A grade X listing should be given to Britain's worst eyesore buildings to speed up their demolition, says one of the UK's leading architects.
Westgate House, Newcastle-upon-Tyne, is a target of the plans
George Ferguson, president of the Royal Institute of British Architects (RIBA), has proposed the scheme to combat the country's "most vile" buildings.
He says it would counterbalance the existing grade I or grade II awards.
Generous grants should be used to persuade property developers to condemn
ugly edifices, added Mr Ferguson.
Speaking to the Daily Telegraph newspaper, Mr Ferguson said his concerns were not just aesthetic, but he also wanted to create "decent, civilised places" for people to live.
"The quantum leap we have to make is to understand how to create communities as opposed to just a series of buildings," he told the newspaper.
You sent in your photos of Britain's biggest eyesores
"We have lost the art of making streets and squares which encourage people to gather."
He said European cities had the kind of attractions which made people want to visit them, but Britain had created a lot of "useless spaces".
Under his plans, such buildings would be denied planning permission to change their use, hopefully speeding up their demolition.
Furthermore, developers would be encouraged to push for "demolition or radical improvement" by being given grants.
Sheffield's Park Hill Estate would be demolished under the plans
Mr Ferguson said government ministers had welcomed the initiative but no decisions had been made as yet.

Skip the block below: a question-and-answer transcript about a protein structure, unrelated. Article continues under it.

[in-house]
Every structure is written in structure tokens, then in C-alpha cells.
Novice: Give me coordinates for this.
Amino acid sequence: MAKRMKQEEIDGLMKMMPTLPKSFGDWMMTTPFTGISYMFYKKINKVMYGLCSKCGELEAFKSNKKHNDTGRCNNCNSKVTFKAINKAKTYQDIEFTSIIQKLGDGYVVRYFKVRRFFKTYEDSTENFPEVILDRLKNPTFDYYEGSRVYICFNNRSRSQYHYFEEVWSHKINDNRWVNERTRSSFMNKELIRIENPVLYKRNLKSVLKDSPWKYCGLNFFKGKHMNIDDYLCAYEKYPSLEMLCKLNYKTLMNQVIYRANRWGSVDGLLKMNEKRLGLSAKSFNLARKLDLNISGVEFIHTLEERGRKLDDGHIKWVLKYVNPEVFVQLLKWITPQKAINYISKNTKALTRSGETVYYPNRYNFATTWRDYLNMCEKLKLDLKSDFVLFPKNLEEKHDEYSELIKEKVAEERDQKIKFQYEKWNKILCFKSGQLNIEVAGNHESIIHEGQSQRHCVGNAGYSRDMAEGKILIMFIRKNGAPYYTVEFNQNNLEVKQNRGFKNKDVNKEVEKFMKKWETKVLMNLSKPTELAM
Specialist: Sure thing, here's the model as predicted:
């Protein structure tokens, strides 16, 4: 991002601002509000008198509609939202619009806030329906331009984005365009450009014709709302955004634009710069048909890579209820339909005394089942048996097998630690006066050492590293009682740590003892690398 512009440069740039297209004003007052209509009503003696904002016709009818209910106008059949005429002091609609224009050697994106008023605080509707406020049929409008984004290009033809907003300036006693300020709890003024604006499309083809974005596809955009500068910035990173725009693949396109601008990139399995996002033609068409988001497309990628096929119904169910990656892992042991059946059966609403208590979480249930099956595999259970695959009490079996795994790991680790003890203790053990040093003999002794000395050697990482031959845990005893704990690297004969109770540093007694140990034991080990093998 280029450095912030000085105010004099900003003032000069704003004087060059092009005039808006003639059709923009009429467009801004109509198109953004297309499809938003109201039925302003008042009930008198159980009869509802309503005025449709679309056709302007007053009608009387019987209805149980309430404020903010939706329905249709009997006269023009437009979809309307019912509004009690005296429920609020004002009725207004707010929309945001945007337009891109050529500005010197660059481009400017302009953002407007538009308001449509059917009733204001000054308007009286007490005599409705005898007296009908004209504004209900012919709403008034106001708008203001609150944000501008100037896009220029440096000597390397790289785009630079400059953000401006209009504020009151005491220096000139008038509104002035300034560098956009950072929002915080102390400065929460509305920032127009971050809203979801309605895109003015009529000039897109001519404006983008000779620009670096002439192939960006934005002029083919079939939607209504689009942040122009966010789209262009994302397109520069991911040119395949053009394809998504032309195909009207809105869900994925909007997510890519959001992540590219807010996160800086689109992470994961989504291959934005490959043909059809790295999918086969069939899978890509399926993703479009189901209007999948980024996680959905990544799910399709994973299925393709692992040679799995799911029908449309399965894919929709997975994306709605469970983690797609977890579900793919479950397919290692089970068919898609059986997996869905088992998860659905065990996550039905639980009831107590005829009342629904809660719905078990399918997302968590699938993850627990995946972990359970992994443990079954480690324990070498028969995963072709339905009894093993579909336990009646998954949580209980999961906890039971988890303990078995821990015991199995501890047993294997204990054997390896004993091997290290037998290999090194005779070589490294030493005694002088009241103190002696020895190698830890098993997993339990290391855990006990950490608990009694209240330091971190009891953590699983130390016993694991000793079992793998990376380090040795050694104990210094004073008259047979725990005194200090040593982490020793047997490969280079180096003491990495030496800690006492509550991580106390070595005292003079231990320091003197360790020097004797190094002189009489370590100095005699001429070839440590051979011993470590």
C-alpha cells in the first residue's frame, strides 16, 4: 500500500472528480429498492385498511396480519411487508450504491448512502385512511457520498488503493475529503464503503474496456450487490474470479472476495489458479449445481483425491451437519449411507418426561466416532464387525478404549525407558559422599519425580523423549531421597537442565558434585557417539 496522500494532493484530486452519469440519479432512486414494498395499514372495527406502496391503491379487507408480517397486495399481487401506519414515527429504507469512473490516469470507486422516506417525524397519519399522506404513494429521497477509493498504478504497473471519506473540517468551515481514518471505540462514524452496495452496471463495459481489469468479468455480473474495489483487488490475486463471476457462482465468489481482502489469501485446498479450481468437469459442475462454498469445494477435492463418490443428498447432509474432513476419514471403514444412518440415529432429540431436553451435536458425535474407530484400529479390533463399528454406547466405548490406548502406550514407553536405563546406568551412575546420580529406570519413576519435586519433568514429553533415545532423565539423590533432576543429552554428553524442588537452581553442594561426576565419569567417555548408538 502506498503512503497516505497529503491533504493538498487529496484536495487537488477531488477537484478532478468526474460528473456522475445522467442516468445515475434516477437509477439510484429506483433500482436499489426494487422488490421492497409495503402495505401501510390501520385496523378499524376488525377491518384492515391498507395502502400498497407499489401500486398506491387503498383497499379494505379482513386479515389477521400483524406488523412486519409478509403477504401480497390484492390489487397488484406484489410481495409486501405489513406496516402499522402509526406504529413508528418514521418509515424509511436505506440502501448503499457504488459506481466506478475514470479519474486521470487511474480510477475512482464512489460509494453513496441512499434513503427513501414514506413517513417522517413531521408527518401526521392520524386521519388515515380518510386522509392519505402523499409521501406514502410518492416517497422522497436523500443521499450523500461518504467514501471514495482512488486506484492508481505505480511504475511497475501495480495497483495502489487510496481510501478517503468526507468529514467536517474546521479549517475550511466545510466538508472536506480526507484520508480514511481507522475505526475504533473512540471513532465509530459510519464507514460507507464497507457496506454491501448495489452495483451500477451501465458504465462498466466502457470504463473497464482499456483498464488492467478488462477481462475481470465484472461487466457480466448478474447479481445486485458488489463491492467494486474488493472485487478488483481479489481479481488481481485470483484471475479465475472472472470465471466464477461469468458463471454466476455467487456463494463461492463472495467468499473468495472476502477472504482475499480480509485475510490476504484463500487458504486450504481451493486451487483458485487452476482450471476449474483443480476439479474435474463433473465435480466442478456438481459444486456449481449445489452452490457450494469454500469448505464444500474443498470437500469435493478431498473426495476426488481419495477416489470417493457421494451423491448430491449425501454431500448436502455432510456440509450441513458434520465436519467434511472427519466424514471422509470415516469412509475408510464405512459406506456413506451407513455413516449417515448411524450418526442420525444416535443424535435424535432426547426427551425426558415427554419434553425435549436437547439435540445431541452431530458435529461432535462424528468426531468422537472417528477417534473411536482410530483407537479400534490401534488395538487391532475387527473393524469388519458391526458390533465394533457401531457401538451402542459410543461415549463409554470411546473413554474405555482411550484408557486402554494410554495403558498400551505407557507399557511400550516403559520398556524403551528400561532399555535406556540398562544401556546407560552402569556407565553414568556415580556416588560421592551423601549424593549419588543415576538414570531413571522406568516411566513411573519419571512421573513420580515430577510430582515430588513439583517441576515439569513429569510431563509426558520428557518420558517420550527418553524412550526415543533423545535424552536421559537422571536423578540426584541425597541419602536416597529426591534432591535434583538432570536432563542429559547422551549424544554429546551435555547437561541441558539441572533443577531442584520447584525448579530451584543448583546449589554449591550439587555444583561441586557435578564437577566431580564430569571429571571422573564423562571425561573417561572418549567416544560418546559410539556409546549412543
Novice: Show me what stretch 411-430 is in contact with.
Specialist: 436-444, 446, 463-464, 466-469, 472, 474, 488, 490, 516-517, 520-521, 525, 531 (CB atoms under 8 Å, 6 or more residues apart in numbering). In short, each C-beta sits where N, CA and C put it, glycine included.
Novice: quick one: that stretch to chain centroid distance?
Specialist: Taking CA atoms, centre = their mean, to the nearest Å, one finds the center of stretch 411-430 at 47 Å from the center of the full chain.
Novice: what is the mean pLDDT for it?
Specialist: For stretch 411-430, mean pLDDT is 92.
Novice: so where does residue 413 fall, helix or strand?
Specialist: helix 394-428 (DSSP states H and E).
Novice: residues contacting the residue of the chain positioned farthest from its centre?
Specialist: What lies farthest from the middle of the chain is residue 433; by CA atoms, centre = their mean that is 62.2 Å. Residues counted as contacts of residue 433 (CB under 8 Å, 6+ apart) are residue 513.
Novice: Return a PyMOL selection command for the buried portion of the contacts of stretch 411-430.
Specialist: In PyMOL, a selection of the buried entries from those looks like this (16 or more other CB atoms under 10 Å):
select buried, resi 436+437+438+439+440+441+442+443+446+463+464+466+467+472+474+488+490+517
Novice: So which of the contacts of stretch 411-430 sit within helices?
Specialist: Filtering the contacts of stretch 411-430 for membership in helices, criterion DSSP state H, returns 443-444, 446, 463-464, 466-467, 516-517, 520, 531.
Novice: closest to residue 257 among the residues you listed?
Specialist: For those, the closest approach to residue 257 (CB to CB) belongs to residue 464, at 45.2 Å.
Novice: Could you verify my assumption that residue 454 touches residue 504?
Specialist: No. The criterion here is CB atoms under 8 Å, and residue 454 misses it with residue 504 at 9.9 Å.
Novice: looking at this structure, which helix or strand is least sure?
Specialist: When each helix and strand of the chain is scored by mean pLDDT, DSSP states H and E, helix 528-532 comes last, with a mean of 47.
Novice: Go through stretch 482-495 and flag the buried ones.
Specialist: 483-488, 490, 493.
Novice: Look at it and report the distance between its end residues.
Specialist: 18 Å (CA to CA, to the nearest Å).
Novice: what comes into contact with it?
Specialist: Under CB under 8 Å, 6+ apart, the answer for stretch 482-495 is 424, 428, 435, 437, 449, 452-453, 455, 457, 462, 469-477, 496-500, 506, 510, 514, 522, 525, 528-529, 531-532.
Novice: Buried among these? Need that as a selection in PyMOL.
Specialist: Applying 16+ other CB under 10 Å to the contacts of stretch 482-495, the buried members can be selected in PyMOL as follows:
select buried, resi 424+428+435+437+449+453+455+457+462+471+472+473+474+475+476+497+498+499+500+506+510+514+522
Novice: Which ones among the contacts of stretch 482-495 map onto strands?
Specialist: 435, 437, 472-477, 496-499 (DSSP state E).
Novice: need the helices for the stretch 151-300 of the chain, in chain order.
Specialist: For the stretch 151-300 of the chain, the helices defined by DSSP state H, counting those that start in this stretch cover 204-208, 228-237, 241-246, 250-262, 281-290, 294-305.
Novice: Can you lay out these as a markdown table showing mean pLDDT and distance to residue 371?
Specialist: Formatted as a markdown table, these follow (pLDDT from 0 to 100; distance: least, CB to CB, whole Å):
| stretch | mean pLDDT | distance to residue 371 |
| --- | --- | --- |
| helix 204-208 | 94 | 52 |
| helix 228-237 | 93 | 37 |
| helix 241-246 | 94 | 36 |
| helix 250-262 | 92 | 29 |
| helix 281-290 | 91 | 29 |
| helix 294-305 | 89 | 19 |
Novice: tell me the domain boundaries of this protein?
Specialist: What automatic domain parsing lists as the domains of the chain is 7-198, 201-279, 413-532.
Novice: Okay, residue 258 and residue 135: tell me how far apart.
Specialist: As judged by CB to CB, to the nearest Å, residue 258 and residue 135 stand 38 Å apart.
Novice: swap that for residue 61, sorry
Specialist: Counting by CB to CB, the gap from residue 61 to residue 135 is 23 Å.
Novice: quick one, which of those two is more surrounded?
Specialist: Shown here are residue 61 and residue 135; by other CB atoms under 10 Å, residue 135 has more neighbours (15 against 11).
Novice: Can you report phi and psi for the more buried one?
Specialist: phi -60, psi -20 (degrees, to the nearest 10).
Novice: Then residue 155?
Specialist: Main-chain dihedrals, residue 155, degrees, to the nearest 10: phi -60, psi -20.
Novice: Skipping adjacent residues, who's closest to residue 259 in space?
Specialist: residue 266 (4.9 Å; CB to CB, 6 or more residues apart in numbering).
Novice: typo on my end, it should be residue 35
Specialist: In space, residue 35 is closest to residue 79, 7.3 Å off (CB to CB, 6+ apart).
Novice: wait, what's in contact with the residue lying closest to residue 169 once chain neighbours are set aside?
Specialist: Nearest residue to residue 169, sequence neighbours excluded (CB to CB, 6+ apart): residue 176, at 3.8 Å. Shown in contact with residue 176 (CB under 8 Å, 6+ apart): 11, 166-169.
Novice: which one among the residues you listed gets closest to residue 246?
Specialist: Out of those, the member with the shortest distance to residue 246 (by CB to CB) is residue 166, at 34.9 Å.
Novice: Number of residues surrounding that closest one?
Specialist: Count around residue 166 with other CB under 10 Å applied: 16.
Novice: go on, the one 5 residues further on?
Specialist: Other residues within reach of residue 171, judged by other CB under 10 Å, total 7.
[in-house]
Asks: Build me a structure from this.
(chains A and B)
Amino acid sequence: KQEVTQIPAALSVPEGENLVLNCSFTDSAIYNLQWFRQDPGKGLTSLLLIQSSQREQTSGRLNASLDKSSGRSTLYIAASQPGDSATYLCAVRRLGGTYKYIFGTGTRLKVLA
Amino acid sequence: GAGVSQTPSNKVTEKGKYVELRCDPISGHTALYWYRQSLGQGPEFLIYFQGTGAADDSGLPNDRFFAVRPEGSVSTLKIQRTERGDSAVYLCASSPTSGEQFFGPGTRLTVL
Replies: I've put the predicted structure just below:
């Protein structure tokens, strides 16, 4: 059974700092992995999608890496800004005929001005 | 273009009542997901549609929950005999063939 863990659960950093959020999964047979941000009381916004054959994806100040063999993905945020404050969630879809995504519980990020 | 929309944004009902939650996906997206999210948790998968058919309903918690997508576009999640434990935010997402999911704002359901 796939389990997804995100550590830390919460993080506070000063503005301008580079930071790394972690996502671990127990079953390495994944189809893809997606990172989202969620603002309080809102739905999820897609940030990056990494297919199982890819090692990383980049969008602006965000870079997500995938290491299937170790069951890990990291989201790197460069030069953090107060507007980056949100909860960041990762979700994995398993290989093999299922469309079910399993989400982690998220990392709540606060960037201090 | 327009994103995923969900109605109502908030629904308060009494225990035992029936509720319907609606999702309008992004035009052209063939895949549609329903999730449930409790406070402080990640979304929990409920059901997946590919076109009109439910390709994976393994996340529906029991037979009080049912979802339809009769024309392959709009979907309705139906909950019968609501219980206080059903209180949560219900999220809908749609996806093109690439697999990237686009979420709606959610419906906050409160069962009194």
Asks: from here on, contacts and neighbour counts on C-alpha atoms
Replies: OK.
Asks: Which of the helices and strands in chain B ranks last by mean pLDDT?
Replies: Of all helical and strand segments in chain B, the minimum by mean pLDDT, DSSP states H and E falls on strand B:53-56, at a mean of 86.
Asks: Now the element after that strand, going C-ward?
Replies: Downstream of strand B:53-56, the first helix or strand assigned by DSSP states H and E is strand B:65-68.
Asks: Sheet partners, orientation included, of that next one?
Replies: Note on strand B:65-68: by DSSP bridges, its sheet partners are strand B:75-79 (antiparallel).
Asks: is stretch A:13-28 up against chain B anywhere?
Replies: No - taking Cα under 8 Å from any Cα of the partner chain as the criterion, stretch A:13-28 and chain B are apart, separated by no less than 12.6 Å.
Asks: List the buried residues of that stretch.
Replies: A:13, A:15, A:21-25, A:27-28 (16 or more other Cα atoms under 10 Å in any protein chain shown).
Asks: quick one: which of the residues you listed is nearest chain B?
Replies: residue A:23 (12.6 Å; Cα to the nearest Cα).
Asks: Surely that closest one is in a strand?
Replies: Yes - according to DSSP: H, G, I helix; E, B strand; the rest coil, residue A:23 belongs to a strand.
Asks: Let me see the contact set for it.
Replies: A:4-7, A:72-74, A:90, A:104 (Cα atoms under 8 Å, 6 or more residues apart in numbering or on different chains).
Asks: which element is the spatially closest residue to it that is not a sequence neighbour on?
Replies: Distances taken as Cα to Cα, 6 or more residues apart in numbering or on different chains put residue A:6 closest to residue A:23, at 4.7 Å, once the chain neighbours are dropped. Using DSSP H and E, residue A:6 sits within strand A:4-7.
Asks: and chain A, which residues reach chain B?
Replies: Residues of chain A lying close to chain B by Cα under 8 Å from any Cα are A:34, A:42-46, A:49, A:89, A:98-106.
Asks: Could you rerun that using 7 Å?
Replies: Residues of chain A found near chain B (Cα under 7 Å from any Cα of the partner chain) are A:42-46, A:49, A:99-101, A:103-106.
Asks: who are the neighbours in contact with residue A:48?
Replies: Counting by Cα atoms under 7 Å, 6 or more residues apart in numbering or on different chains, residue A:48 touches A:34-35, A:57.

He added that he had a good relationship with English Heritage, which will take over the running of the grade listing system from the Department of Culture, Media and Sport, next April.
Mr Ferguson, 57, who has been president of the RIBA for one year, said it was not just the country's architectural heritage which concerned him, but the nation's mental health.
He said removing these "bad" buildings would not only improve mental health but stop planners, developers and engineers from working against one other.
Some of the buildings which he would put on the X-list include the Saint George's Hotel, in Langham Place, London, and Westgate House, in Newcastle-upon-Tyne.
Other eyesores, he said, include the Park Hill Estate, in Sheffield, which has grade II listed status, Tollgate House, in Bristol, and St James shopping centre, Edinburgh.
More needed to be done to combat the housing estate "blueprint" that had ruined large sections of Britain's cities, he said.
He added that the housing shortage was a chronic problem and recommended BedZED, an environmentally friendly and energy efficient mix of housing and work space in Beddington, south London, as the next step in house building.
He said it was the prototype of economically viable, high-density housing, which did not alienate people as some housing estates do.
A spokesman for the Office of the Deputy Prime Minister, the government department responsible for planning policy, said: "Good design and the contribution of old and new buildings to the environment is at the heart of our policies to create sustainable communities.
"We are encouraging high-density developments, particularly in the south east, and obviously good design is part of creating places where people want to live and work."